We work with a training provider, Gateshead College. They are really committed to apprenticeships and for the past two years have supported us with recruitment.
Their tutors are always available, and they visit our apprentices on site at Brewin Dolphin to support them with their academic learning.
To date, we have offered four apprenticeships every six months and Gateshead College helps us find the right people for our business. They do a brilliant job.
Would you recommend apprenticeships to other businesses?
Absolutely, if you do it properly you will reap the rewards. It’s vital to get the right structure in place and really commit, as a company, to apprenticeships.
Apprentices bring a positive energy to the office. All the employees really take them under their wing and it’s fantastic to see them develop and grow.
Faye won National Apprentice of the Year through Gateshead College and we were all so proud of her and what she’s achieved here with us.
Faye Turnbull-Stoker, Business Support Apprentice at Brewin Dolphin
What kind of apprenticeship are you doing?
I’m currently doing a Business Admin Level Three Apprenticeship with Brewin Dolphin.
What excited you about the apprenticeship scheme?
I finished school and went straight into sixth form but I wasn’t enjoying the school environment anymore. An apprenticeship really interested me because it meant I could gain valuable skills and experience, and earn money at the same time.
What’s the best bit about splitting time between work and study?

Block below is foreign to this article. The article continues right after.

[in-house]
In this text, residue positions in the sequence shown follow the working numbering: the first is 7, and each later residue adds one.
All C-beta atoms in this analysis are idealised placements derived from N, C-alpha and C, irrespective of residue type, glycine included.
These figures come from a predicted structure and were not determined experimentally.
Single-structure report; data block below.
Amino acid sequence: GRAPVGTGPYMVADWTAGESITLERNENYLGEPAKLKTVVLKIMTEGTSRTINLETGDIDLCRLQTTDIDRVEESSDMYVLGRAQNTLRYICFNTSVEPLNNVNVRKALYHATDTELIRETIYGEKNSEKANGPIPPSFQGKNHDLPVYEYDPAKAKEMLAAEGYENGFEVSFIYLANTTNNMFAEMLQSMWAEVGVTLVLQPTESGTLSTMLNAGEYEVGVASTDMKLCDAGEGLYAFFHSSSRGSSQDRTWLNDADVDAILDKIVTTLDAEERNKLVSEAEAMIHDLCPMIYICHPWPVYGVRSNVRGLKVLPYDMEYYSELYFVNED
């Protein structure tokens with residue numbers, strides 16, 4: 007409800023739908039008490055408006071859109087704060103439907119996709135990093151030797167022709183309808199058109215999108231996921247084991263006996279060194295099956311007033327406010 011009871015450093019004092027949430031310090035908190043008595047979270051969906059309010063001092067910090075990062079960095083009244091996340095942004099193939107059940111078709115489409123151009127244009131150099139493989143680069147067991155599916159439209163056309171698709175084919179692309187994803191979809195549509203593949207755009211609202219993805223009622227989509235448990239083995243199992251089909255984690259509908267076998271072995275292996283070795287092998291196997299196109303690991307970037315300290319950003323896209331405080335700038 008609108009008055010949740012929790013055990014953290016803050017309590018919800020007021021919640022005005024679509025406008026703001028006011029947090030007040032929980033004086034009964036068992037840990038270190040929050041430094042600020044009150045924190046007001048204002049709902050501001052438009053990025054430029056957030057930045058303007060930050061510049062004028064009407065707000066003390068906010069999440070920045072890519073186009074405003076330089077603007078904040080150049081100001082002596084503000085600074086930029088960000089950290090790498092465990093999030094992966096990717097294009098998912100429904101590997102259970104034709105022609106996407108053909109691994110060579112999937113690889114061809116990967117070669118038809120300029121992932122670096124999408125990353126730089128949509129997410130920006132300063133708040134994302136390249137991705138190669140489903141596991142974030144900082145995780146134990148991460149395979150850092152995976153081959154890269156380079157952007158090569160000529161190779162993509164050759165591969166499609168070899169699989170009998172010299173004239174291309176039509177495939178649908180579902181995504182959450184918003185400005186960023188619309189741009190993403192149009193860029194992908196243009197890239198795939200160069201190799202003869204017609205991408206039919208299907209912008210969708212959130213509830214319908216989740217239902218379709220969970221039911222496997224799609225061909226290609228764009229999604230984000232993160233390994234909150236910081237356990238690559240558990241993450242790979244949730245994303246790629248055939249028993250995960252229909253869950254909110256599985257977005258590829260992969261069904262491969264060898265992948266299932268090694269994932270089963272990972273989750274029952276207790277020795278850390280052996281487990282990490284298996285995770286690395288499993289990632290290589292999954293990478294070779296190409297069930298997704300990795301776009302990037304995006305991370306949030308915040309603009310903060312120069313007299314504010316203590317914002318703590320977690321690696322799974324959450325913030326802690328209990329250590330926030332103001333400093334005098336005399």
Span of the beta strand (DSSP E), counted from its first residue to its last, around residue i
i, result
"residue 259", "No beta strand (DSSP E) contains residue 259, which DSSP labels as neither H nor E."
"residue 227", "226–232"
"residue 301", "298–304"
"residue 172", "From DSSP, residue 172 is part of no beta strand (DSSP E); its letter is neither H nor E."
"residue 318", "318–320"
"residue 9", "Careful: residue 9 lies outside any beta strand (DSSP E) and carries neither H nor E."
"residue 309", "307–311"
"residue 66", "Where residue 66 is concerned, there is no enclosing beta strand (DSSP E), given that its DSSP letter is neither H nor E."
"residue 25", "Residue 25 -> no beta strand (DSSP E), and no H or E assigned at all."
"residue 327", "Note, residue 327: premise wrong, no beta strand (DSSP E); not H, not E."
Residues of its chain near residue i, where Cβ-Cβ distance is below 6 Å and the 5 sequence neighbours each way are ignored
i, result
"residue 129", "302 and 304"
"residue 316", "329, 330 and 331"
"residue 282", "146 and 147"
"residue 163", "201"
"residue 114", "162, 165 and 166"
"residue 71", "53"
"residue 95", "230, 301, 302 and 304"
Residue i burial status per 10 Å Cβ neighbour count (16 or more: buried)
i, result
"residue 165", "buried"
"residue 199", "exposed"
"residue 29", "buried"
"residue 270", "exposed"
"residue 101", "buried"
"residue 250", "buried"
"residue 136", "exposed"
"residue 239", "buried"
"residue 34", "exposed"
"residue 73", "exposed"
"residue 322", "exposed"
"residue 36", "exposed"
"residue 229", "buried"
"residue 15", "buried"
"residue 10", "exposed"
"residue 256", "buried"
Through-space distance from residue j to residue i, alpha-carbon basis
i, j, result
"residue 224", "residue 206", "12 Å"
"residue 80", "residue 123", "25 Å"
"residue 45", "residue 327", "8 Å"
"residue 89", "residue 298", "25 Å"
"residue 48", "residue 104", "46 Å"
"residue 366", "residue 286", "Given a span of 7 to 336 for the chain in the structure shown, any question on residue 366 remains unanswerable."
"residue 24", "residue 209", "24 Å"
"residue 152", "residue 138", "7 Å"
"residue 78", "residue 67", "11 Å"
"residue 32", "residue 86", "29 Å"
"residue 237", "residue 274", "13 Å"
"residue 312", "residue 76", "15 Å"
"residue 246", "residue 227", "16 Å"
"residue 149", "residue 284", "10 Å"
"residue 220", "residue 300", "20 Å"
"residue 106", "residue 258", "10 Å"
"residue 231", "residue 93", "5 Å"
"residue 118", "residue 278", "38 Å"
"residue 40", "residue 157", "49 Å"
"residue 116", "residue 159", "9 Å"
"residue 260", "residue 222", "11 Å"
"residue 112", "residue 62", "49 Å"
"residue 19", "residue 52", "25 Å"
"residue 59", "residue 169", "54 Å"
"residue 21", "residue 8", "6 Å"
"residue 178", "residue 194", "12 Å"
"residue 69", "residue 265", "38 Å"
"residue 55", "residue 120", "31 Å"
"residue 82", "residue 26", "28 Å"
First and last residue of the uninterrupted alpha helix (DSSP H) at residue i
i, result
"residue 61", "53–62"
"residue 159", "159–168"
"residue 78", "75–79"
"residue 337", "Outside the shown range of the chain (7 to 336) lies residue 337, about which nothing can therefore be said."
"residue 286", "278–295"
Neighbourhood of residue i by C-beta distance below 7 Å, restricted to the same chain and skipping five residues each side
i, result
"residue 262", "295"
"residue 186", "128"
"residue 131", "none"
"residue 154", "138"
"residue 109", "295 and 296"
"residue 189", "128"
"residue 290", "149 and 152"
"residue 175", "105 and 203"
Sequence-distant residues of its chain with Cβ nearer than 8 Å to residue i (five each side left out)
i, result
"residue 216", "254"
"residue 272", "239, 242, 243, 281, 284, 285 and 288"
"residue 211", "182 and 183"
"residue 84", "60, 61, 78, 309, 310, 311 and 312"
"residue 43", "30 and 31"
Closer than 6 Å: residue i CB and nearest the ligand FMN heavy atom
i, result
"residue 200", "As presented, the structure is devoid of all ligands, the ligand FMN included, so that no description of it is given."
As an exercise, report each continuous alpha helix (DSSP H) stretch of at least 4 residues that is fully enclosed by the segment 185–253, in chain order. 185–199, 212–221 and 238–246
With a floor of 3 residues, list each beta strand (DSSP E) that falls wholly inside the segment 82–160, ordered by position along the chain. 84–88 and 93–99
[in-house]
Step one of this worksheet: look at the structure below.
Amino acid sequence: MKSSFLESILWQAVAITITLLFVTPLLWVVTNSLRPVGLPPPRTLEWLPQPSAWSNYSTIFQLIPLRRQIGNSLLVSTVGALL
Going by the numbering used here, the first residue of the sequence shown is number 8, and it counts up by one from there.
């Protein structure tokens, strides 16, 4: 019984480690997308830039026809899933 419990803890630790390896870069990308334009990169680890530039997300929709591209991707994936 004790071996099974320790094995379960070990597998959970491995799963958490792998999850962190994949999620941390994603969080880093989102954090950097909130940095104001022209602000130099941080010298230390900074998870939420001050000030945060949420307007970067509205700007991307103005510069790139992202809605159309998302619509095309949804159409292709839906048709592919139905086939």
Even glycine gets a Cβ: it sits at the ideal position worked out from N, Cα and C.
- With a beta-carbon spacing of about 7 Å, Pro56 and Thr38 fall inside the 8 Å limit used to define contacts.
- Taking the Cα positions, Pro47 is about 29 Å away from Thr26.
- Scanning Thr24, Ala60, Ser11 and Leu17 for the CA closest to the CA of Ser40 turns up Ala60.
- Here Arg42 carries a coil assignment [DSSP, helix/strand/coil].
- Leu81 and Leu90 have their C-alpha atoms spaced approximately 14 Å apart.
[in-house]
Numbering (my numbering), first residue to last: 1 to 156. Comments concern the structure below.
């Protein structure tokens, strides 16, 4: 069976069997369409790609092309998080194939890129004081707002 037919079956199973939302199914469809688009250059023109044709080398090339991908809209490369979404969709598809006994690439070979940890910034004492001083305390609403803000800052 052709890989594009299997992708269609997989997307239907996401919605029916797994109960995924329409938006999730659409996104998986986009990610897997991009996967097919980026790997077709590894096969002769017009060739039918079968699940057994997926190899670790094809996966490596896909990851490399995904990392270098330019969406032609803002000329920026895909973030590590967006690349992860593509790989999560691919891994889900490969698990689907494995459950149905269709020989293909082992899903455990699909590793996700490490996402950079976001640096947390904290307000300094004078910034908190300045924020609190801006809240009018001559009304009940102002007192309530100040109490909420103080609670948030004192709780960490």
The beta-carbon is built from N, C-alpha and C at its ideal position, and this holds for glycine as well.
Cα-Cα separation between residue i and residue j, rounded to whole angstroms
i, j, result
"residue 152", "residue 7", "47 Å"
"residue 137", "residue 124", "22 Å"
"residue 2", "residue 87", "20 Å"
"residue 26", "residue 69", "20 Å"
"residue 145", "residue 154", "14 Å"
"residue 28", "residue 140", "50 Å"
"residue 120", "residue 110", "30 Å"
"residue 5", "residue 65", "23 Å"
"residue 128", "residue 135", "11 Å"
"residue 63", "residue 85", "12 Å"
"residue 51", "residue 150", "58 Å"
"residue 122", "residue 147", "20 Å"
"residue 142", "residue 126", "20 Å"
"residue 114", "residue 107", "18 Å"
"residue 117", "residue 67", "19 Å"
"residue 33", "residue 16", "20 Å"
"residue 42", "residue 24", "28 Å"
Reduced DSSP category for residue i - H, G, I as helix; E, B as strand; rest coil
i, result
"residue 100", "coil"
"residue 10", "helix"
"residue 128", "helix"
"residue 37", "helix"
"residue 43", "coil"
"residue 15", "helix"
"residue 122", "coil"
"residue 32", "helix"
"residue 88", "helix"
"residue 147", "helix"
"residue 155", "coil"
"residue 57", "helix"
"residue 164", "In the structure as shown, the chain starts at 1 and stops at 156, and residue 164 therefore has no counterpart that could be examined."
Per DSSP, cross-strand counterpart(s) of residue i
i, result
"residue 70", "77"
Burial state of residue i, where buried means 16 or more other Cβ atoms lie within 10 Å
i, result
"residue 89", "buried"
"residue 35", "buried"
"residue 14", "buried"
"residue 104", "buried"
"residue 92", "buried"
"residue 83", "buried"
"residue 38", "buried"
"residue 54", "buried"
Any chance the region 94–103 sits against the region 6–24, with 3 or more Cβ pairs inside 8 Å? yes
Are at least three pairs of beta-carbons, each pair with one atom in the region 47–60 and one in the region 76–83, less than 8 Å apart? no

My tutor came to Brewin Dolphin so I didn’t have to travel to Gateshead College all the time. We used an online portal to go through my work together.
The team leaders and managers at Brewin Dolphin were all really supportive and understood I had to study alongside the day job.
How does it feel to be part of the world of work?
I really enjoy it. I’ve learned a lot and have lots of qualifications. At school I feel like a lot of the information you learn is just to pass an exam. At Brewin Dolphin I’ve gained loads of new skills and learnt so much because every six months you move to a different part of the business.
Is there a reason why you chose to follow the apprenticeship route over other routes available to you?
I was never too sure what I wanted to do. I worked at my dad’s company for a bit and liked the finance side of things.
I decided I wanted to learn as I was working. I didn’t know many people doing an apprenticeship, but they’re a much bigger thing now. So many people with a degree can’t get a job but I’ve gained a qualification whilst earning, so I’m one step ahead of everyone else.
Would you recommend others become an apprentice too?
I’ve had a really good experience, especially here at Brewin Dolphin. The scheme is great.
Some apprentices get stuck doing the photocopying but I’ve got a qualification and valuable work experience, and it’s given me the chance to try new things and get practical skills in the world of work.
- The value of investments can fall and you may get back less than you invested.
- Brewin Dolphin is authorised and regulated by the FCA